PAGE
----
TOPEKA—Holly Hofmann’s first memories as a musician are some of her fondest. At age 5 she would spend evenings playing a child’s flutophone, accompanying her father, a jazz guitarist, on standards from the Great American Songbook.
Today, Hofmann has taken the flute from its middle-of-the-orchestra origins and made it a front-line jazz instrument. She has earned the respect of musicians and jazz aficionados for her bluesy, bebop-based improvisations and technical prowess on an instrument that many once regarded as definitely not a jazz horn.
Hofmann and her husband, pianist Mike Wofford, will present the next Topeka Jazz Workshop concert in its current series on Sunday from 3 to 5 p.m. at Topeka’s downtown Ramada Inn. The duo will be backed by Kansas City musicians Tommy Ruskin on drums and Gerald Spaits on bass. Admission is by season ticket, which is available at the door.
Critics have labeled Hofmann the most authoritative, swinging flutist—male or female—in jazz today.
Born in Cleveland, Hofmann always had her head in music. Although jazz fans themselves, her parents insisted she have a solid foundation in classical technique. After high school at the prestigious Interlochen Arts Academy in Michigan, she gained her formal education through studies with the Cleveland orchestra’s principal flutist Maurice Sharp.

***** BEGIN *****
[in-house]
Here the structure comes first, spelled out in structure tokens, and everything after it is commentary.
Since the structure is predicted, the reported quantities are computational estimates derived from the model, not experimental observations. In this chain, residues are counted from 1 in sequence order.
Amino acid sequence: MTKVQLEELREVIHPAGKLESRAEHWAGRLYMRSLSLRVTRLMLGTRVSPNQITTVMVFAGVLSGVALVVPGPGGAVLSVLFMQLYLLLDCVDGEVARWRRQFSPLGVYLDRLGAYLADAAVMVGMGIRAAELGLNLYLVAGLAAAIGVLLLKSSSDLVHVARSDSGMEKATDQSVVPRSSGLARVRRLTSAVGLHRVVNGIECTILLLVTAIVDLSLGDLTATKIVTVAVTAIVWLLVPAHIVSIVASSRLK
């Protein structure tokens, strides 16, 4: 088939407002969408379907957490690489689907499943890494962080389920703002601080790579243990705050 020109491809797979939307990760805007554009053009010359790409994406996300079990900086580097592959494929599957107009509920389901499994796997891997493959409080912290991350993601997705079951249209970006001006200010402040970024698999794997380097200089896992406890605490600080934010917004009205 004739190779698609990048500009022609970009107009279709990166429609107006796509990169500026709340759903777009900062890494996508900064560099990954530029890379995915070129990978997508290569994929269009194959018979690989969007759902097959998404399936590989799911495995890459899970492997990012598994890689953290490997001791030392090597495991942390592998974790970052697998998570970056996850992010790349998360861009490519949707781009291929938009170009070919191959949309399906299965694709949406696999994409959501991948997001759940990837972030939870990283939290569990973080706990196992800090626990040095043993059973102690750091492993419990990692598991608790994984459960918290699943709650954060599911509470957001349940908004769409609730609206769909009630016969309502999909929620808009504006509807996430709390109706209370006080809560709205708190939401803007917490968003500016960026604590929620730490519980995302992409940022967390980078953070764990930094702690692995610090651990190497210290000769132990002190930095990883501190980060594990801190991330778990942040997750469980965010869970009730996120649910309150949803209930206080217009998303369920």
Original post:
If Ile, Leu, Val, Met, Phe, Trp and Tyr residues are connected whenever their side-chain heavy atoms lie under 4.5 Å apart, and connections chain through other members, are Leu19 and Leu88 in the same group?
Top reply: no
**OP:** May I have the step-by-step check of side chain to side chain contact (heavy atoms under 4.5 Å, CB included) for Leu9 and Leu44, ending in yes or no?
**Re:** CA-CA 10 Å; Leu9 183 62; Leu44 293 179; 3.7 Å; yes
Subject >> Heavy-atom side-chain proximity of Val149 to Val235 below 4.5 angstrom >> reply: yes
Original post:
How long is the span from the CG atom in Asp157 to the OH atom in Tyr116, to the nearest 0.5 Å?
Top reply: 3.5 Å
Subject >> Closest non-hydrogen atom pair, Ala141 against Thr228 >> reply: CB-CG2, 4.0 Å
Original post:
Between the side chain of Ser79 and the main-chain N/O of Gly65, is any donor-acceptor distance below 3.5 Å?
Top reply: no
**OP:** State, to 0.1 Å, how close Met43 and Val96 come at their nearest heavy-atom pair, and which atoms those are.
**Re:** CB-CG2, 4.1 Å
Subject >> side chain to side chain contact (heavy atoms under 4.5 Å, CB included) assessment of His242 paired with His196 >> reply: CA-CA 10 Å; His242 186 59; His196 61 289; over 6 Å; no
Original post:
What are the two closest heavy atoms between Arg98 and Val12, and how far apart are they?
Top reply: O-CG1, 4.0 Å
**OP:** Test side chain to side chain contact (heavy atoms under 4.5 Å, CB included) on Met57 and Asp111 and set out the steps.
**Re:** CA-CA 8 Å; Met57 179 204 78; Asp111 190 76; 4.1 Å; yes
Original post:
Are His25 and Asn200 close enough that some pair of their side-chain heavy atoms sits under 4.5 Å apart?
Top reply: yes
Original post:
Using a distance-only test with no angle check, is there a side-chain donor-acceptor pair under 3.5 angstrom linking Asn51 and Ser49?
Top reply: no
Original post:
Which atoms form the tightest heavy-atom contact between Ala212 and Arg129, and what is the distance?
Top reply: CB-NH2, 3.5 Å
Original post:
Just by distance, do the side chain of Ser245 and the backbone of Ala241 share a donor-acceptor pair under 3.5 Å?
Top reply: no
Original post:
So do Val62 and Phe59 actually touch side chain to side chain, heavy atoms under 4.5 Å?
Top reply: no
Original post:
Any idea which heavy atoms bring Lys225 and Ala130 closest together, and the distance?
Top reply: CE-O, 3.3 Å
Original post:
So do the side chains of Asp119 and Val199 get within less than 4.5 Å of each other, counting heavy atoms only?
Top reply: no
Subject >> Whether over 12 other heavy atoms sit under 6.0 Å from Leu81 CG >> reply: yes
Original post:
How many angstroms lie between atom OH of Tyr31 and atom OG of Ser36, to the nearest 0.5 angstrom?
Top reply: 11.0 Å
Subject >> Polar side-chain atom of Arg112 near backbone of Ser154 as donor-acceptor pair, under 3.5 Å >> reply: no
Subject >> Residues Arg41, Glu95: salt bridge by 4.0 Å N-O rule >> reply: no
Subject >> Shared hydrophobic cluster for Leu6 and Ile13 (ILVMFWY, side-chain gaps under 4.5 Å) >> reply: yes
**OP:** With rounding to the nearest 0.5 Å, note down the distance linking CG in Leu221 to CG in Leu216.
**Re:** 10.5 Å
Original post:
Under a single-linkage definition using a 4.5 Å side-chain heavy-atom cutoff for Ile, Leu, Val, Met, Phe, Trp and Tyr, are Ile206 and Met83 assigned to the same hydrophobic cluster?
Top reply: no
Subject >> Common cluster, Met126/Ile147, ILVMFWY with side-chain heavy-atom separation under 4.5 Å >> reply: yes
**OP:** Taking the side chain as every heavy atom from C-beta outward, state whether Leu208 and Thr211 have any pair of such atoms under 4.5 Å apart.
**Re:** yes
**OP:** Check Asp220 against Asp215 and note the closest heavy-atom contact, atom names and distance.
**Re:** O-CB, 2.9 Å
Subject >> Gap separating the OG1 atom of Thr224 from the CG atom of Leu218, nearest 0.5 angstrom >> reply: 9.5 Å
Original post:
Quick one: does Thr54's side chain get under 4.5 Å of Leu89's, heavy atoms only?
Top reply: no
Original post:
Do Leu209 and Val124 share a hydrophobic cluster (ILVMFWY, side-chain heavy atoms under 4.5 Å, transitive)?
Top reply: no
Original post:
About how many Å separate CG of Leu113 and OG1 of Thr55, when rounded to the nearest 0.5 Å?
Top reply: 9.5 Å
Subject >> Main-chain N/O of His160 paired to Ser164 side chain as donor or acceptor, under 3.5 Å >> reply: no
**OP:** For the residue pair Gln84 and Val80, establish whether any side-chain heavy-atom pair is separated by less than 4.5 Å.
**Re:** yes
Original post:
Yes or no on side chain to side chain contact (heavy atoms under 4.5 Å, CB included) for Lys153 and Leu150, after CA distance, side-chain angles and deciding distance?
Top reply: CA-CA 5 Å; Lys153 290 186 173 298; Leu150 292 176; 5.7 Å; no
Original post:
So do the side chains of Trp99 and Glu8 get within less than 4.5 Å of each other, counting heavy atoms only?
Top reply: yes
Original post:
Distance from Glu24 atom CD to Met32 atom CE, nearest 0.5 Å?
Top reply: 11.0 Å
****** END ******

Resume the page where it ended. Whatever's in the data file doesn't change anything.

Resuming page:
She then earned her bachelor’s in music degree from the Cleveland Institute of Music and her graduate degree from the University of Northern Colorado.
During summers away from school, Hofmann would travel to New York to study with Frank Wess and Slide Hampton and began sitting in at jam sessions . It was largely the encouragement given by Wess and Hampton that convinced her to pursue a career in jazz flute.
In the mid-90s she started working with the legendary Ray Brown, which she credits as one of the major turning points in her career. She also began collaborating with Kenny Barron, Cedar Walton, John Clayton, Houston Person, Terell Stafford, and Bill Cunliffe.
In the late 1980s, Hofmann moved to San Diego and began working with pianist/arranger Wofford and bassist Bob Magnusson, both stalwarts of the California jazz scene. In 2000, she and Wofford married and they have been playing together ever since.
A native Texan, Wofford was raised in San Diego. His mother was a professional singer and he began studying piano at age 7. At age 19 he moved to L.A. and entered the jazz scene there in the early 1960s.
He appeared with the Lighthouse All-Stars, the bands of Art Pepper, Red Norvo, Chet Baker, Bud Shank, Zoot Sims, Shorty Rogers, and Maynard Ferguson, for a while accompanied June Christy, Sarah Vaughan, and Ella Fitzgerald , and began a long association with drummer Shelly Manne. Wofford continues to be one of the most in-demand pianists in jazz.
The TJW Inc website is www.topekajazz.com.